To determine possible intracellular mediators of the effect of mOSM on sclerostin expression in Osmr–/– cells, we carried out Western blot analysis on WT and Osmr–/– osteoblasts treated with mLIF, hOSM, and mOSM. STAT1, STAT3, STAT5, and ERK were all phosphorylated in response to mLIF, hOSM, and mOSM in WT cells. Effects of mLIF and hOSM were unchanged in Osmr–/– cells. Phosphorylation of STAT1 and STAT5 in response to mOSM was abolished in Osmr–/– cells. In contrast, in the absence of OSMR, mOSM retained the ability to induce phosphorylation of STAT1 and ERK at very low levels 30 minutes after administration (Figure 6C).
Finally, to determine whether the LIFR-mediated inhibition of sclerostin by mOSM in the absence of OSMR may be sufficient to stimulate bone formation, we injected mOSM over the calvariae of Osmr–/– mice, using hOSM as a positive control. mOSM significantly increased calvarial thickness and MAR in Osmr–/– mice (Figure 6D). Similar effects were observed with hOSM, with the exception that hOSM also increased BFR (Figure 6D). This indicates that mOSM inhibits sclerostin and stimulates bone formation independently of OSMR, indicating what we believe is a novel LIFR-dependent pathway through which bone formation may be stimulated without effects on RANKL and osteoclast differentiation.
OSM has been known for many years as an activated T cell product that potently stimulates bone resorption in vitro (18–21), suggesting a role in skeletal conditions in which inflammation is known to play a role, including rheumatoid arthritis (36). We show here that OSM is also expressed within the osteoblast lineage and acts locally to stimulate both bone formation and resorption by actions within this lineage. Increased bone mass in neonate and adult mice lacking OSMR confirmed a requirement for OSM in normal skeletal development and bone remodeling. Specifically, low bone formation and low bone resorption were observed, with impaired osteoclast formation dominating such that bone mass was increased. Both defects appeared to be contained within the osteoblast lineage; Osmr–/– osteoblasts demonstrated impaired ALP activity, mineralized nodule formation, and impaired support of osteoclastogenesis in vitro. Furthermore, while mOSM stimulated osteoclast formation through osteoblastic OSMR signaling, mOSM stimulated mineralization in vivo and inhibited sclerostin transcription through LIFR. A low-affinity binding of mOSM to the LIFR has been reported (10), and we now show that this produces a biologically relevant effect, specifically modifying bone formation without acting on osteoclasts. While these findings have been made in the mouse, they provide a framework to explore the possibility that separate signaling pathways could operate in human cells. This provides what we believe is a novel approach by which bone formation can be stimulated without modifying osteoclast formation, unlike the current anabolic therapy, PTH (37). As a related implication, the possibility that mOSM:gp130:LIFR signals within the cell in a manner distinct from LIF:gp130:LIFR or hOSM:gp130:LIFR (i.e., without stimulating RANKL) suggests an alternative complex conformation induced by mOSM. Another possibility is that altered levels of LIFR occupancy may activate different pathways, but we have not observed a difference in dose responses of RANKL and sclerostin induction in response to mLIF (data not shown). It should also be noted that within the calvarial osteoblast preparations, it is likely that the cells producing RANKL and sclerostin are distinct subpopulations, since Rankl mRNA is detected in early stages of osteoblast differentiation through to newly embedded osteocytes (38), while sclerostin is detected exclusively in mature osteocytes deeply embedded within mineralized bone.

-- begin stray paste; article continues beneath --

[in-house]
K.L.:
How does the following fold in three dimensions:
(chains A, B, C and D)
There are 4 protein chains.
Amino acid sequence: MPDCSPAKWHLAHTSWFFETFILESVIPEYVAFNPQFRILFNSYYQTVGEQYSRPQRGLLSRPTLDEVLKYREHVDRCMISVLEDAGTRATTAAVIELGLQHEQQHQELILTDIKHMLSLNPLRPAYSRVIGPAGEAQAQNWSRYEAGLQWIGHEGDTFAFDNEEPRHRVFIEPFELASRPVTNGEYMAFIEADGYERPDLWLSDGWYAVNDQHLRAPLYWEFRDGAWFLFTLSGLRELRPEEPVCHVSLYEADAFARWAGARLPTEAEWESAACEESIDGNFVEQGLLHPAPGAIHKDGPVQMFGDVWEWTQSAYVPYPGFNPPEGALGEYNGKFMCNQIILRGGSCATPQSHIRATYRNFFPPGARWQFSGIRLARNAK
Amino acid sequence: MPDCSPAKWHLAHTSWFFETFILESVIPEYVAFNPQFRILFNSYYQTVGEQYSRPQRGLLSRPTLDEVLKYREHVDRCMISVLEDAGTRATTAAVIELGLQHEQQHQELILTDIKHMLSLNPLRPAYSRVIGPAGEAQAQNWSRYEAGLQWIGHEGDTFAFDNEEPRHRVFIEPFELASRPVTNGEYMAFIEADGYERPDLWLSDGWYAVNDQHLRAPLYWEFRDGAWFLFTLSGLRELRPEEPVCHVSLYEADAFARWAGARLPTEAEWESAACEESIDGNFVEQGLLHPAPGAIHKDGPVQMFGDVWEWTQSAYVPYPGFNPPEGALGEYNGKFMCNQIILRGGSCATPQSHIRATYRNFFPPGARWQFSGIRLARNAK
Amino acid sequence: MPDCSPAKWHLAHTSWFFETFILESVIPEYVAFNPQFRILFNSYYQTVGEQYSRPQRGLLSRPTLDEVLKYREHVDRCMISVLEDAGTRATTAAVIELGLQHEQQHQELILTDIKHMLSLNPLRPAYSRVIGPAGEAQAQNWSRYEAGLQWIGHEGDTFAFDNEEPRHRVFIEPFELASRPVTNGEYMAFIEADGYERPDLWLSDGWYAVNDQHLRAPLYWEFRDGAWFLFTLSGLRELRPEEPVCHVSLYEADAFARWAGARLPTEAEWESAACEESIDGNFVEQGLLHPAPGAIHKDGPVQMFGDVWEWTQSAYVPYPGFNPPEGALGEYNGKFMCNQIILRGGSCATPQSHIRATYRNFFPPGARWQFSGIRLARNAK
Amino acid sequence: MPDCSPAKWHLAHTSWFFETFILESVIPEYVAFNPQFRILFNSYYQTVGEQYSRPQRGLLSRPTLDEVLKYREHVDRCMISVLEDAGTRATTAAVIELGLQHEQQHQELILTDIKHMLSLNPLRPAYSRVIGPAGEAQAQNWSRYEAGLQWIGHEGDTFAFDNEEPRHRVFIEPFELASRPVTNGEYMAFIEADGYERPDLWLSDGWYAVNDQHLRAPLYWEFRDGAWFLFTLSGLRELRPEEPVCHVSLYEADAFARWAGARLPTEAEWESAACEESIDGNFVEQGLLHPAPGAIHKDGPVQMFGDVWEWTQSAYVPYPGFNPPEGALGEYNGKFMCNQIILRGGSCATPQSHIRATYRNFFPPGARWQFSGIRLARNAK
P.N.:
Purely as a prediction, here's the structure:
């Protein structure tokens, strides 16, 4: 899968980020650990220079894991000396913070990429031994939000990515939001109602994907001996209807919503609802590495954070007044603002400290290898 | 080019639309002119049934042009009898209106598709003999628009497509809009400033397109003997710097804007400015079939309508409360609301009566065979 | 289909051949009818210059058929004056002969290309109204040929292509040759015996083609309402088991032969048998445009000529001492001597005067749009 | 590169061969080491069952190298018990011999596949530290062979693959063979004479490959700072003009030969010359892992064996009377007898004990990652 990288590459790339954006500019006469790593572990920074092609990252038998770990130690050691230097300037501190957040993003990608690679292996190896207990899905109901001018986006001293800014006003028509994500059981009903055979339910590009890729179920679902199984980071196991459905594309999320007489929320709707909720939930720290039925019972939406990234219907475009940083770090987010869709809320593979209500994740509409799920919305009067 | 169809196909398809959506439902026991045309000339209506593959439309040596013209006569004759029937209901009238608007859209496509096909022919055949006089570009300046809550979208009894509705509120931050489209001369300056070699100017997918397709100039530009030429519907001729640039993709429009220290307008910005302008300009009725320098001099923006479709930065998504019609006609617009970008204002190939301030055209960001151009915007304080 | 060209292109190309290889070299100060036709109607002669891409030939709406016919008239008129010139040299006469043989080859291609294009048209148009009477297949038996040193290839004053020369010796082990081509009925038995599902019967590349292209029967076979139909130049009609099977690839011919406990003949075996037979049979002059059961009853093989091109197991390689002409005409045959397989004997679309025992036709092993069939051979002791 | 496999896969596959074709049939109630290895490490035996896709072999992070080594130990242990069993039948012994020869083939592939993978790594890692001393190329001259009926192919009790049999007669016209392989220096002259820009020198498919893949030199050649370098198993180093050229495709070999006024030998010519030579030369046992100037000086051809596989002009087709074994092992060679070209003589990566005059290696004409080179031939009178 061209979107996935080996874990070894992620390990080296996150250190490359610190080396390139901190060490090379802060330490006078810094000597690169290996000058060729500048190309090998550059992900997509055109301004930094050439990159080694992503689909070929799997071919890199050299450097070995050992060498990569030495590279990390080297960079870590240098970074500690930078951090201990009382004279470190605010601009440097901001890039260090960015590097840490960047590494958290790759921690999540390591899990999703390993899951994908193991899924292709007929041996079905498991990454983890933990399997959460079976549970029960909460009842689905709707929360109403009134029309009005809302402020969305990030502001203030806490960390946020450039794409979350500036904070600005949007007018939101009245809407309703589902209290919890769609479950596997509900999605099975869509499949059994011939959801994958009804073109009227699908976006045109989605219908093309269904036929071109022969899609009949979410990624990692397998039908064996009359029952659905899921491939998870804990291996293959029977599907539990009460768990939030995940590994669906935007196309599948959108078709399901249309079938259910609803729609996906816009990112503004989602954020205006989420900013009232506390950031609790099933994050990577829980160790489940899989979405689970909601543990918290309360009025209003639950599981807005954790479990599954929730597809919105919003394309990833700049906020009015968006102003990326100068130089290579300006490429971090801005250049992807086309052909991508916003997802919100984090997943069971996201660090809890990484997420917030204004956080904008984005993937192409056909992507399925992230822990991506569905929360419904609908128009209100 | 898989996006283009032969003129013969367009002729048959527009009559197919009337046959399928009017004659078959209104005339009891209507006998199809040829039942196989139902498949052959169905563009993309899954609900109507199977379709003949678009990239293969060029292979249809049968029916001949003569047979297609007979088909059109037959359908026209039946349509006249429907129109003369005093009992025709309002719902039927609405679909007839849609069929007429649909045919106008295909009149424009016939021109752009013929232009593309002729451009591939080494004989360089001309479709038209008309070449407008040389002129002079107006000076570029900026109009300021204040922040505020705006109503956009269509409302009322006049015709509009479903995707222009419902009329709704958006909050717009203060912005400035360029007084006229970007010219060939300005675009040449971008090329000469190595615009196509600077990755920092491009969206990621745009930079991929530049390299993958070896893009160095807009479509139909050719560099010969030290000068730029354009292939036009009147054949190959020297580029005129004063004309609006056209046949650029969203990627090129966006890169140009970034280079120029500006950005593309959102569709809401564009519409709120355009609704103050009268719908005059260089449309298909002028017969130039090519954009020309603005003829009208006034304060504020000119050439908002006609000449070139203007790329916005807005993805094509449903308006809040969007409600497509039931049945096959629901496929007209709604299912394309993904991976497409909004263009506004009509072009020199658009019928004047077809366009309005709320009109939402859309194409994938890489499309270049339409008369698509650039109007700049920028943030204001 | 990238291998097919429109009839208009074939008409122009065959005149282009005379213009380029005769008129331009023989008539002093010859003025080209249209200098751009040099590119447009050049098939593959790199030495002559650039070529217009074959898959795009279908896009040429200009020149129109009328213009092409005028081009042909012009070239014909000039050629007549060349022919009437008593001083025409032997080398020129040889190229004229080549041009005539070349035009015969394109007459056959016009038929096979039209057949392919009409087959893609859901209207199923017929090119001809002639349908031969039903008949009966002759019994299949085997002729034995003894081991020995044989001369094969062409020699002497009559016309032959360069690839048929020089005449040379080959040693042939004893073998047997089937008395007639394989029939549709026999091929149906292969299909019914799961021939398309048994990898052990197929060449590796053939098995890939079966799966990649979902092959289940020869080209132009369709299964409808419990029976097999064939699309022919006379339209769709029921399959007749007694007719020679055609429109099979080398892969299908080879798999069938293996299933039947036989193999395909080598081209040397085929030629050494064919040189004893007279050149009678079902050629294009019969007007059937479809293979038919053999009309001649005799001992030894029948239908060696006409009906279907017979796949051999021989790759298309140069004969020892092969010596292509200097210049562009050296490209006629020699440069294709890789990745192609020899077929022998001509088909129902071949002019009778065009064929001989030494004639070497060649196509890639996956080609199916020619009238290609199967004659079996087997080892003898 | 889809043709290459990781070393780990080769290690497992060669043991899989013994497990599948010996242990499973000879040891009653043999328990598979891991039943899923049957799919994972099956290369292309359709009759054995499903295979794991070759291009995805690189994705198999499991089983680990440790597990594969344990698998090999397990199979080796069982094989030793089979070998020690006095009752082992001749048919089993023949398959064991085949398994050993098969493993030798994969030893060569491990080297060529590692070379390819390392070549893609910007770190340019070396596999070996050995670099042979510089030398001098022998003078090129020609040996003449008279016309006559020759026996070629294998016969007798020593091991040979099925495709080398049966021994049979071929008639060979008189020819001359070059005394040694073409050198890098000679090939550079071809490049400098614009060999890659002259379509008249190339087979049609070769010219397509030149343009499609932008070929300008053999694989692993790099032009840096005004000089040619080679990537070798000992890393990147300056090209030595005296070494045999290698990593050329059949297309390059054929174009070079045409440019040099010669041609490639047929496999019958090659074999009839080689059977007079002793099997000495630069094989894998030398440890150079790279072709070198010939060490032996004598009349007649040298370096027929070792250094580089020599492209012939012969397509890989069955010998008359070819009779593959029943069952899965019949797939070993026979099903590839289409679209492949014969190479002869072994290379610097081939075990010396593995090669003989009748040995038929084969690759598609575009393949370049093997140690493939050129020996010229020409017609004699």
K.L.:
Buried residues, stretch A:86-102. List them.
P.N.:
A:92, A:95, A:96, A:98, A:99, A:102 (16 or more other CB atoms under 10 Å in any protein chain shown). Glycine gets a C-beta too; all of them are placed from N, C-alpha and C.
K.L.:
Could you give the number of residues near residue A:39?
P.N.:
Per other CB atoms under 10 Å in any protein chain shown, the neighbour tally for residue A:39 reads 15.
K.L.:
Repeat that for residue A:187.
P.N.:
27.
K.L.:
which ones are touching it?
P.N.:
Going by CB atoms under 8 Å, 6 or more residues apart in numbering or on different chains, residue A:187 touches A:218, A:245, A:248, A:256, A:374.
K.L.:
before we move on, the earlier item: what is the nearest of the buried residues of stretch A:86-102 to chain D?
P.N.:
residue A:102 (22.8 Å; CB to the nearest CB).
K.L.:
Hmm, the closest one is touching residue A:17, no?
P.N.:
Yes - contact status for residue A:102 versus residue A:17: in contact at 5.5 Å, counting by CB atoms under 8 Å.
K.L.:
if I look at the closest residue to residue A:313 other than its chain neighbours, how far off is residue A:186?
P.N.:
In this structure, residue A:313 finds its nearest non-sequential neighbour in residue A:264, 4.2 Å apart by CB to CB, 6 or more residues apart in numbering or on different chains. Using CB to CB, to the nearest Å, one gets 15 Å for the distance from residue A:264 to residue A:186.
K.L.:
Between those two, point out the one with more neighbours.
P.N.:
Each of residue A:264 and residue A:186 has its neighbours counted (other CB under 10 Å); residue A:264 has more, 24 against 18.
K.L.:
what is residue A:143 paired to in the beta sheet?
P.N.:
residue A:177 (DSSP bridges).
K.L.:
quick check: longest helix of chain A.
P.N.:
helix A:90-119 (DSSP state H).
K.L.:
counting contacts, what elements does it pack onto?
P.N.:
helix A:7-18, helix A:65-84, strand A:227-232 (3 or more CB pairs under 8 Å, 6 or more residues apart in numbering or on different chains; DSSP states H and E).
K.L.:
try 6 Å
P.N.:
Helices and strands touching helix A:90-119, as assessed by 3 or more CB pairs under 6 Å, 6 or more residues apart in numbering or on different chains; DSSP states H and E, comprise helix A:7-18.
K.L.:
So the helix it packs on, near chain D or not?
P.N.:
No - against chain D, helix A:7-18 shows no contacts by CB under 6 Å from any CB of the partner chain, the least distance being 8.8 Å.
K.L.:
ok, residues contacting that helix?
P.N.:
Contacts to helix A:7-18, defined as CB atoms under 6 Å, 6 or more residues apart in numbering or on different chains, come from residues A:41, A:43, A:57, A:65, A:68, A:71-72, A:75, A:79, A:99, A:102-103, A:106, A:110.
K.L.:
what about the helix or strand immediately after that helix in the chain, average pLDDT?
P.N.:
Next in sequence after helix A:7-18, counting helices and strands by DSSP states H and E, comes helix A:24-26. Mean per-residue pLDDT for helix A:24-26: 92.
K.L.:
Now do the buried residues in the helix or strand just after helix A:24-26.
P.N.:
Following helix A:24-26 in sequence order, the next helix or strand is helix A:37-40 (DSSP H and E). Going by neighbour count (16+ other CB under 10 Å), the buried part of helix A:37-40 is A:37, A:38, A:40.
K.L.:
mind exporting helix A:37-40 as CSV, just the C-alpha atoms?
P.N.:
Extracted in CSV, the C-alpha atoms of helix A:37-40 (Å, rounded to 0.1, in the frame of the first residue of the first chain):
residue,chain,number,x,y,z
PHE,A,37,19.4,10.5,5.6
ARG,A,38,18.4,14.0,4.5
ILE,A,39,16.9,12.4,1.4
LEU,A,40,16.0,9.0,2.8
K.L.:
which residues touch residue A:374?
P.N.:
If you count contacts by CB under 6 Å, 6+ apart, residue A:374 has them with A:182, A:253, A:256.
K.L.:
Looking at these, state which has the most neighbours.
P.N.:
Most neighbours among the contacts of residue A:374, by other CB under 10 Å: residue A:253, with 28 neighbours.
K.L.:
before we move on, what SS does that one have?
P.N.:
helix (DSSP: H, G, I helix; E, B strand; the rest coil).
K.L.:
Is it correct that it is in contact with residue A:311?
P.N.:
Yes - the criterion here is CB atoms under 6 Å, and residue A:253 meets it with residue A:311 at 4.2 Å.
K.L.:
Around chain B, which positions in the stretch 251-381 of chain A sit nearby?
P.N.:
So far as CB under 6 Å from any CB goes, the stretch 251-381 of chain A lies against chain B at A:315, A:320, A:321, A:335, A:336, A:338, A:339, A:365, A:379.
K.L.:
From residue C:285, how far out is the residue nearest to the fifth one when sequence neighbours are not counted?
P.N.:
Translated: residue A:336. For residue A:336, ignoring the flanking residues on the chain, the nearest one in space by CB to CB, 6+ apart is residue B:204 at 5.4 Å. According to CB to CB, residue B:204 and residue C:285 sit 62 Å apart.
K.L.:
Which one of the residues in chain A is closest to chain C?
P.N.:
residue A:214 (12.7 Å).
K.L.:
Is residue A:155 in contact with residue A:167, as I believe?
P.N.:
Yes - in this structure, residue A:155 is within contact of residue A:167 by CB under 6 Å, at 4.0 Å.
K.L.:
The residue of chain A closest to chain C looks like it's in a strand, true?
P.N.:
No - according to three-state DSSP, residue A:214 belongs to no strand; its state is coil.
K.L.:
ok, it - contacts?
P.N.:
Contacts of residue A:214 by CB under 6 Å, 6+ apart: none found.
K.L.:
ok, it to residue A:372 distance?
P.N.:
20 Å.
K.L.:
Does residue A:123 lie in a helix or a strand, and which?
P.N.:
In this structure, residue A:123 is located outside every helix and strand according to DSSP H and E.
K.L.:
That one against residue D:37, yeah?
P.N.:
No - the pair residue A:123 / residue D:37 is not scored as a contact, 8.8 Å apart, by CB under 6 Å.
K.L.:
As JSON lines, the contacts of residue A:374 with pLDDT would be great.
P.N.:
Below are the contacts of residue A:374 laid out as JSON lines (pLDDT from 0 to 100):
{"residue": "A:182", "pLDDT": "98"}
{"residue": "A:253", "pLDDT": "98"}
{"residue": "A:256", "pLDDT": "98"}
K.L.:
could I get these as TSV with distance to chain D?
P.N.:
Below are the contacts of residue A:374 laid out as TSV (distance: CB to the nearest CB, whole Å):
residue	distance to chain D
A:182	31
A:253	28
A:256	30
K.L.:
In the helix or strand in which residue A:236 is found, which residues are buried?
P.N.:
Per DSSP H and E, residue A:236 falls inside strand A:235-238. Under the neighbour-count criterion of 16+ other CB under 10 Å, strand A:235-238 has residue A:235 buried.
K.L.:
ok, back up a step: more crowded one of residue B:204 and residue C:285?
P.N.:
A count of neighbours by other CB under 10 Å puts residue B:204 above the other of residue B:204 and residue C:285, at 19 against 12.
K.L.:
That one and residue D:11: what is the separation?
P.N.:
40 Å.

The process of bone remodeling depends on communication among osteoclasts, osteoblasts, and osteocytes (12). Locally acting factors produced by osteoblast lineage cells, including RANKL and PTHrP, are critical for normal osteoclast and osteoblast differentiation. OSM production throughout osteoblast differentiation, including by bone-forming osteoblasts, osteocytes embedded within the bone matrix, and lining cells, and reduced bone remodeling in Osmr–/– mice, indicate that OSM is an essential stimulus of both bone resorption and formation through actions within the osteoblast lineage. Of particular interest are the production of OSM and OSMR by osteocytes and the inhibition of sclerostin expression by OSM both in vitro and in vivo. The osteocytic network within bone is only recently gaining appropriate attention (39). Osteocytes, residing within the calcified bone matrix itself, make up 90% of all bone cells, and their long processes extend through the matrix to form a communication network with osteoblasts on the bone surface. Sclerostin appears to be produced exclusively by osteocytes and inhibits bone formation (40). Sclerostin-null mice have very high bone mass, and conversely, severe bone loss occurs in transgenic mice overexpressing sclerostin in osteocytes. Human sclerostin gene mutations are responsible for sclerosteosis and van Buchem disease (41), conditions of greatly increased bone density. Recently, sclerostin antibodies have been shown to stimulate bone formation in rodent models of osteoporosis (42) and colitis-induced bone loss (43). We now show that hOSM and mOSM also rapidly inhibit sclerostin in a manner similar to that of the only approved anabolic therapy for bone, PTH (34, 44). Sclerostin inhibition by another osteocytic protein is the first evidence of regulation within this cell network. In Osmr–/– calvarial osteoblasts, mOSM did not increase expression of a number of genes associated with bone formation but did decrease expression of sclerostin. The ability of mOSM to increase calvarial thickness in Osmr–/– mice confirms that sclerostin inhibition alone can effectively increase bone formation.